“The book ‘Hope is Not a Strategy’ is one of the most influential books I have read in my career,” wrote a man in Quebec on an online memorial site.
“Rick made a positive and powerful impression on me and my professional life,” said another man in Boulder, Colo. “Although I did not know him personally, his professional legacy provides ample evidence of a life well-lived.”
“He had a tremendous insight into selling and life – a great businessman and an even better friend,” said a Dallas man.
A Utah resident wrote that “Rick was a great mind in the sales community and an even greater human being.”
Founder and CEO of the Alpharetta company The Complex Sale, Page’s books include “Hope is Not a Strategy: The Six Keys to Winning the Complex Sale,” and “Make Winning a Habit: 20 Best Practices of the World’s Greatest Sales Forces.”
“He was a man who touched many lives, both professionally and personally,” David Stargel, company president and chief operating officer, wrote in a message on the company’s website. “Those who knew him loved him and respected him for his intelligence, vision, professionalism, humor, and love for his fellow man.”
People in the north Fulton community who knew Page say he was a special man.
“He was a huge benefactor with time as well as money with his wife, Pam, at Roswell United Methodist Church and North Fulton Community Charities,” said Roswell City Councilwoman Nancy Diamond.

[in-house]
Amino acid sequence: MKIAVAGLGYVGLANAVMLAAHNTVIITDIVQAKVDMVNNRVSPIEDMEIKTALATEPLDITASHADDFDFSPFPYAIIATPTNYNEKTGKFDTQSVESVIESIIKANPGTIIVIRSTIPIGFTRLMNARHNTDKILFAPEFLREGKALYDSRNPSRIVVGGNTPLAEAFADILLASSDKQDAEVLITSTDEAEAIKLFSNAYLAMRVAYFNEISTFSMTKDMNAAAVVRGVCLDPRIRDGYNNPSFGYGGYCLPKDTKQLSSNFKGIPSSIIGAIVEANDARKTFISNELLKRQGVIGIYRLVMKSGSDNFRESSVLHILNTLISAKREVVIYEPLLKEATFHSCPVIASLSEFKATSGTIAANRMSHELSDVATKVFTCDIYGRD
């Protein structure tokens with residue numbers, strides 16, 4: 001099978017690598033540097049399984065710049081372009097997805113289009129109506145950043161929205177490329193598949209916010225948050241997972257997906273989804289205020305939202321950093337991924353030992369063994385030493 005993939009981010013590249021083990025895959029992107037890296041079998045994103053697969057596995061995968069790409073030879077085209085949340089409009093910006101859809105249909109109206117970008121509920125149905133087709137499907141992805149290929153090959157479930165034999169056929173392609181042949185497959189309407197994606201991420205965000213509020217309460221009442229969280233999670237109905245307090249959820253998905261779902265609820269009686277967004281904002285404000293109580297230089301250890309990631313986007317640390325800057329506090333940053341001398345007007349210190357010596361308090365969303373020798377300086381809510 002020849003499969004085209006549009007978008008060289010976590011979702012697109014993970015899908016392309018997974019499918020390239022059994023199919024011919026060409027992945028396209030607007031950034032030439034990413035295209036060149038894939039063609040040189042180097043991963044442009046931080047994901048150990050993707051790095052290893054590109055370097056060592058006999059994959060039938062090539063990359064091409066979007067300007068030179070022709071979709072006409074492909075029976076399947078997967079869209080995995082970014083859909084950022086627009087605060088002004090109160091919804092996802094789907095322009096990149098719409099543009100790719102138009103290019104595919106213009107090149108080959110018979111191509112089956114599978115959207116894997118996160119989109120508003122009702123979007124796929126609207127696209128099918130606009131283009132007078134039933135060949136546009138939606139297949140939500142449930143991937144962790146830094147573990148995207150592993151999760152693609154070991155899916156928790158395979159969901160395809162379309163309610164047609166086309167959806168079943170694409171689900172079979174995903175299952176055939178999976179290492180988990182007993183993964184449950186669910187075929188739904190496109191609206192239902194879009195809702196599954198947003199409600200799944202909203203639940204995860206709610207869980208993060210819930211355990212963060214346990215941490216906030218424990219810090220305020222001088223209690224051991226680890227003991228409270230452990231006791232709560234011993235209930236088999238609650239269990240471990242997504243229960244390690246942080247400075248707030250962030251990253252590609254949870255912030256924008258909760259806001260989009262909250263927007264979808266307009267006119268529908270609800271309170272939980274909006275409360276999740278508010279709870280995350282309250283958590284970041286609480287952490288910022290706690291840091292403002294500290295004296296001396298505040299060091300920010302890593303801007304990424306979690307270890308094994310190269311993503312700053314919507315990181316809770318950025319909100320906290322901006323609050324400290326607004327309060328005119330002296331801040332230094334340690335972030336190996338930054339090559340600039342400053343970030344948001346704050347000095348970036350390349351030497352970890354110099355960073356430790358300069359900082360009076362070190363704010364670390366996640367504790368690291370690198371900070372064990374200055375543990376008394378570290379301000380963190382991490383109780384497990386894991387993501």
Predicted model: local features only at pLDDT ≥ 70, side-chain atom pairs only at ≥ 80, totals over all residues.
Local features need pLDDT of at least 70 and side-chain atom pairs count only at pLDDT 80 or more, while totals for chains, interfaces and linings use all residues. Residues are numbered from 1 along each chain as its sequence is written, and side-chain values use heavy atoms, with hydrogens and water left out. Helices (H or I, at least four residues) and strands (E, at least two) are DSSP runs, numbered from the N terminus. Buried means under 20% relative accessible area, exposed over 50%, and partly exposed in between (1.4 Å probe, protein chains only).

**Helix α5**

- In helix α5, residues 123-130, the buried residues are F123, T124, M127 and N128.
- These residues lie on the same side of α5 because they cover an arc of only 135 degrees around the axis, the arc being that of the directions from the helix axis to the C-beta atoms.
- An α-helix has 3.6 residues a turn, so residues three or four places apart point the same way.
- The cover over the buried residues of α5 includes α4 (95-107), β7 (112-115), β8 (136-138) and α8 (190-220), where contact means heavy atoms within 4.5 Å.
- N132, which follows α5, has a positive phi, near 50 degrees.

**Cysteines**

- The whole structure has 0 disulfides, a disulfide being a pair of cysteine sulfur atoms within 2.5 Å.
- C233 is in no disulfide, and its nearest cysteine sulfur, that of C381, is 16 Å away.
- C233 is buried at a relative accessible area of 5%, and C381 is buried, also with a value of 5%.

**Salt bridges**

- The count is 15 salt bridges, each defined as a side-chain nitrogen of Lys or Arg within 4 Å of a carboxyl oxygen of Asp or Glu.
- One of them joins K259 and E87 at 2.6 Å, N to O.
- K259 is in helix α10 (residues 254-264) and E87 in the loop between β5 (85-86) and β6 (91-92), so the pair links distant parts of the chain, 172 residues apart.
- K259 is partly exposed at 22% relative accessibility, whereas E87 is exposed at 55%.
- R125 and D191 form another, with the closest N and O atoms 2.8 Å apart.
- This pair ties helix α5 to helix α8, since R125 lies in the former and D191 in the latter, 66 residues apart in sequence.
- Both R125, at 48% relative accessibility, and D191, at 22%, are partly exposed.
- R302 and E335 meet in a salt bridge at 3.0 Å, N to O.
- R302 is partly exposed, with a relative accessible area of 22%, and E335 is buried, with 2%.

“They were primary to the creation of the huge building at Magnolia and Mimosa that is the [church’s] youth building.”
“We knew him because he was one of our daughter’s ‘extra’ parents, giving huge amounts of time and mentoring to her and so many others through the youth program. There are quite a few ministers that have come from that generation of the program.”
Barbara Duffy, executive director of North Fulton Community Charities, said Page’s death was “a terrible loss.”
“Rick Page had the biggest heart and touched so many. He was always looking for ways to help people improve their lives.
“He was a long supporter of and advocate for NFCC both personally and through his company The Complex Sale. His joy for life and compassion for others survives him. “
One of his closest friends, Roswell resident Rusty Gordon, who knew Page for 25 years, recalled him as being “generous to a fault” and a “gifted storyteller.”
“Yet his greatest impact was as a story maker who entered the lives of people he came to know and would then make an extraordinary effort to make their dreams come true,” Gordon said.
Page “treated pets as if they were people, friends as if they were family, family as if they were gods. And his God he treated with a sense of awe and a little bewilderment,” Gordon said.
“I am at peace knowing that now he is only awestruck and I am the one bewildered.”
A memorial service for Page was Nov. 30 in the chapel of Roswell United Methodist Church.